What's going on with the recent crypto meltdown and specifically the FTX exchange? The traditional banking system works in a similar way, lending out assets to make money for themselves. What is to blame? The banks? The exchanges? Regulation? Or is this a culprit of low-interest rates and the changes in behavioral finance?In the traditional banking system, banks will take customer deposits and use them to invest in other products or services. However, this can be risky if the bank does not have enough liquid assets to meet customer demands for withdrawals. This is what happened with the crypto exchange FTX. The company had leveraged it's customer assets to make other investments, but when the market crashed and customers tried to withdraw their money, FTX was unable to meet these demands. This caused the company to collapse, wiping out billions of dollars in assets.The FTX crisis was caused by the company's use of client money for risky hedge fund leverage, which left the company unable to repay its debt obligations when clients began asking for their money back. But on top of that, it is absolutely possible that Fraud has occured, but we don't want to jump to conclusions until it is proven.The person who hacked into FTX's system is now the 35th largest owner of Ethereum in the world. This hack is a reminder that the banking system is vulnerable to attack and that companies need to be careful about over-leveraging themselves.The Crypto Meltdown: What Really Happened - 0:01:45The FTX Cryptocurrency Exchange Scandal - 0:03:34FTX Exchange Under Fire After Client Money Goes Missing - 0:07:17The FTX hack and its implications for the cryptocurrency industry - 0:08:39The Aftermath of the Largest Ponzi Scheme in History: The Bernard Madoff Scandal - 0:10:08The Decentralized Finance Community's Relationship with Regulation - 0:13:32Inflation: The Good, The Bad, and The Ugly - 0:19:13The Impact of PPI on the Economy - 0:22:35The Federal Reserve's Impact on Inflation and the Market - 0:25:19Excesses Will Change in the Next Two Years - 0:31:00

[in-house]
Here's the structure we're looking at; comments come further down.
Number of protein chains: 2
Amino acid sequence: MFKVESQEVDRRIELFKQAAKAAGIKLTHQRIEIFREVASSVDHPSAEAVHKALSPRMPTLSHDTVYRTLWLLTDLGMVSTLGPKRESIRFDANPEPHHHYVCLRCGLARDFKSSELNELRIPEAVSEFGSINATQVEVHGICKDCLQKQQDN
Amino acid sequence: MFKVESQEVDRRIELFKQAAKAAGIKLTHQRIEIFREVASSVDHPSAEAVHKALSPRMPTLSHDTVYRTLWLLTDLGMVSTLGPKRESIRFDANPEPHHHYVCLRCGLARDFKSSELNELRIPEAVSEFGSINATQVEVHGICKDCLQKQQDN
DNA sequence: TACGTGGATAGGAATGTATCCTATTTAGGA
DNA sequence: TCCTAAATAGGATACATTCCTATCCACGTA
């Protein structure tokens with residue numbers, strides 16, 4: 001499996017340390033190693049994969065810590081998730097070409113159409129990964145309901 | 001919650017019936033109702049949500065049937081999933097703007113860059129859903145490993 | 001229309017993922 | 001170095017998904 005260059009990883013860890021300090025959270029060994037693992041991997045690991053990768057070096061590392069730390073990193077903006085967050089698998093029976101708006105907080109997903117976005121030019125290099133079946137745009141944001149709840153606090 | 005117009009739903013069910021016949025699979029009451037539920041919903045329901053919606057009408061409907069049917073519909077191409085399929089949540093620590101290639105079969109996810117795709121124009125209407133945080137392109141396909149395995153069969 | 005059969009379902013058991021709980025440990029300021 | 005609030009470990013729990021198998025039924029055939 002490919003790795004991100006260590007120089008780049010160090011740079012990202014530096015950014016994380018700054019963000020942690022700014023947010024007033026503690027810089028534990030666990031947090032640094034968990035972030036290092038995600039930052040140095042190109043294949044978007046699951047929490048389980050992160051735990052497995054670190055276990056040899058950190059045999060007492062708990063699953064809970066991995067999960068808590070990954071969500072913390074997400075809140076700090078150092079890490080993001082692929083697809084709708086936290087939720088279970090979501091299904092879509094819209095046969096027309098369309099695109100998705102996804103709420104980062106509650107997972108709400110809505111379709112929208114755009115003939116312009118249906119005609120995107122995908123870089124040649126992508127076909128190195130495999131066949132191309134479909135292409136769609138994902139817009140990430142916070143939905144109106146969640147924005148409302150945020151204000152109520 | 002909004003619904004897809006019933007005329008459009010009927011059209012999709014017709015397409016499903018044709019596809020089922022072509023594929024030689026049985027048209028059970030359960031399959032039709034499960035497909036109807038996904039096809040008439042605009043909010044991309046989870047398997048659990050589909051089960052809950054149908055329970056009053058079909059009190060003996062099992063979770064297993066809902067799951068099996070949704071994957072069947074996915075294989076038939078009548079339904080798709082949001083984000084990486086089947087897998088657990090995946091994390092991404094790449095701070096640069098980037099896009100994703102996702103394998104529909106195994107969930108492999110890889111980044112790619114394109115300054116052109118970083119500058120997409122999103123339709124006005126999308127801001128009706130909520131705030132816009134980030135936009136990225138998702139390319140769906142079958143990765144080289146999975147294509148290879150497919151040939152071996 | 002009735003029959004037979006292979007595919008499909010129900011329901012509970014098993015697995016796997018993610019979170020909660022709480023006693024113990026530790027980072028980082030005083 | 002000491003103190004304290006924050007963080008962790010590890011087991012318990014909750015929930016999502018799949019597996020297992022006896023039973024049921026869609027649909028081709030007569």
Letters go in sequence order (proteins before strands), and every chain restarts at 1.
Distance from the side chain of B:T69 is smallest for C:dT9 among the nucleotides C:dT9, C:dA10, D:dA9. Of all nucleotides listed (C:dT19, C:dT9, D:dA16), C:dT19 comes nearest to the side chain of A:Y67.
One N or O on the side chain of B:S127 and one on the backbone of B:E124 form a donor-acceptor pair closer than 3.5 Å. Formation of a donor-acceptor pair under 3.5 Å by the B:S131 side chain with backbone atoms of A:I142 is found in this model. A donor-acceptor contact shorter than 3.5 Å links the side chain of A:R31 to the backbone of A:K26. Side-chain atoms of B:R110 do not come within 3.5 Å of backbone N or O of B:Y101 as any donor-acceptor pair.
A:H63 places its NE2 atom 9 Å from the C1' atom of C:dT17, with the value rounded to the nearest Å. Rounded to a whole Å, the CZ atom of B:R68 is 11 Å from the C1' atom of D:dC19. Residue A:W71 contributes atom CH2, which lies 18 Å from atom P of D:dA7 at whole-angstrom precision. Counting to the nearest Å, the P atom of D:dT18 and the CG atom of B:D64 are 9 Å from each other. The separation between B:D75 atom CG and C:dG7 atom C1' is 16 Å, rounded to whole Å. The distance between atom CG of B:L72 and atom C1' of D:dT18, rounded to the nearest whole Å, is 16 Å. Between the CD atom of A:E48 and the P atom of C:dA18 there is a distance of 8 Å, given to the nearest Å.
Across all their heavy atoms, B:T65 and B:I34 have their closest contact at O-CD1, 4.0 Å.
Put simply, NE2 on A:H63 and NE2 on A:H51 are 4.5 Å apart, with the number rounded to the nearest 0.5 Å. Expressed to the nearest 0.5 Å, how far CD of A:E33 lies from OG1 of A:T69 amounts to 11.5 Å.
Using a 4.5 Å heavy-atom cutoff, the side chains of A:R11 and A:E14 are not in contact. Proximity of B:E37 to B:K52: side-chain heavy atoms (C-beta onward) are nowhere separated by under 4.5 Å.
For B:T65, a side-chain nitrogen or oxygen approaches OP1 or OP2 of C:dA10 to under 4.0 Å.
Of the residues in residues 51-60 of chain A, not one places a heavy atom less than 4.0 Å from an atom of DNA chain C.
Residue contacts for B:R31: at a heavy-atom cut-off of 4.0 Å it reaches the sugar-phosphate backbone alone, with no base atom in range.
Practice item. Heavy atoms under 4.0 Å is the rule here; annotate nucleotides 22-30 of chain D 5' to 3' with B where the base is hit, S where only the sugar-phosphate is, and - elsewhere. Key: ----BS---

Well.. the Mid-Term Red Wave wasn't really the Red Wave that many people expected. But the big question and observation is forecasting what this means for 2024 and your money. Does this shed some light into the future? What will be the impact on the economy & stock market? Also, we just head of major layoffs by big technology companies. What does that mean for unemployment as we head into 2023? And of course.. you can't forget about what's cancelled this week.●  [01:34] Mid-Term Red Wave Turned into Pink Puddle●  [19:43] Big Tech Layoffs●  [30:45] Cancelled! Kathy Griffin & COVID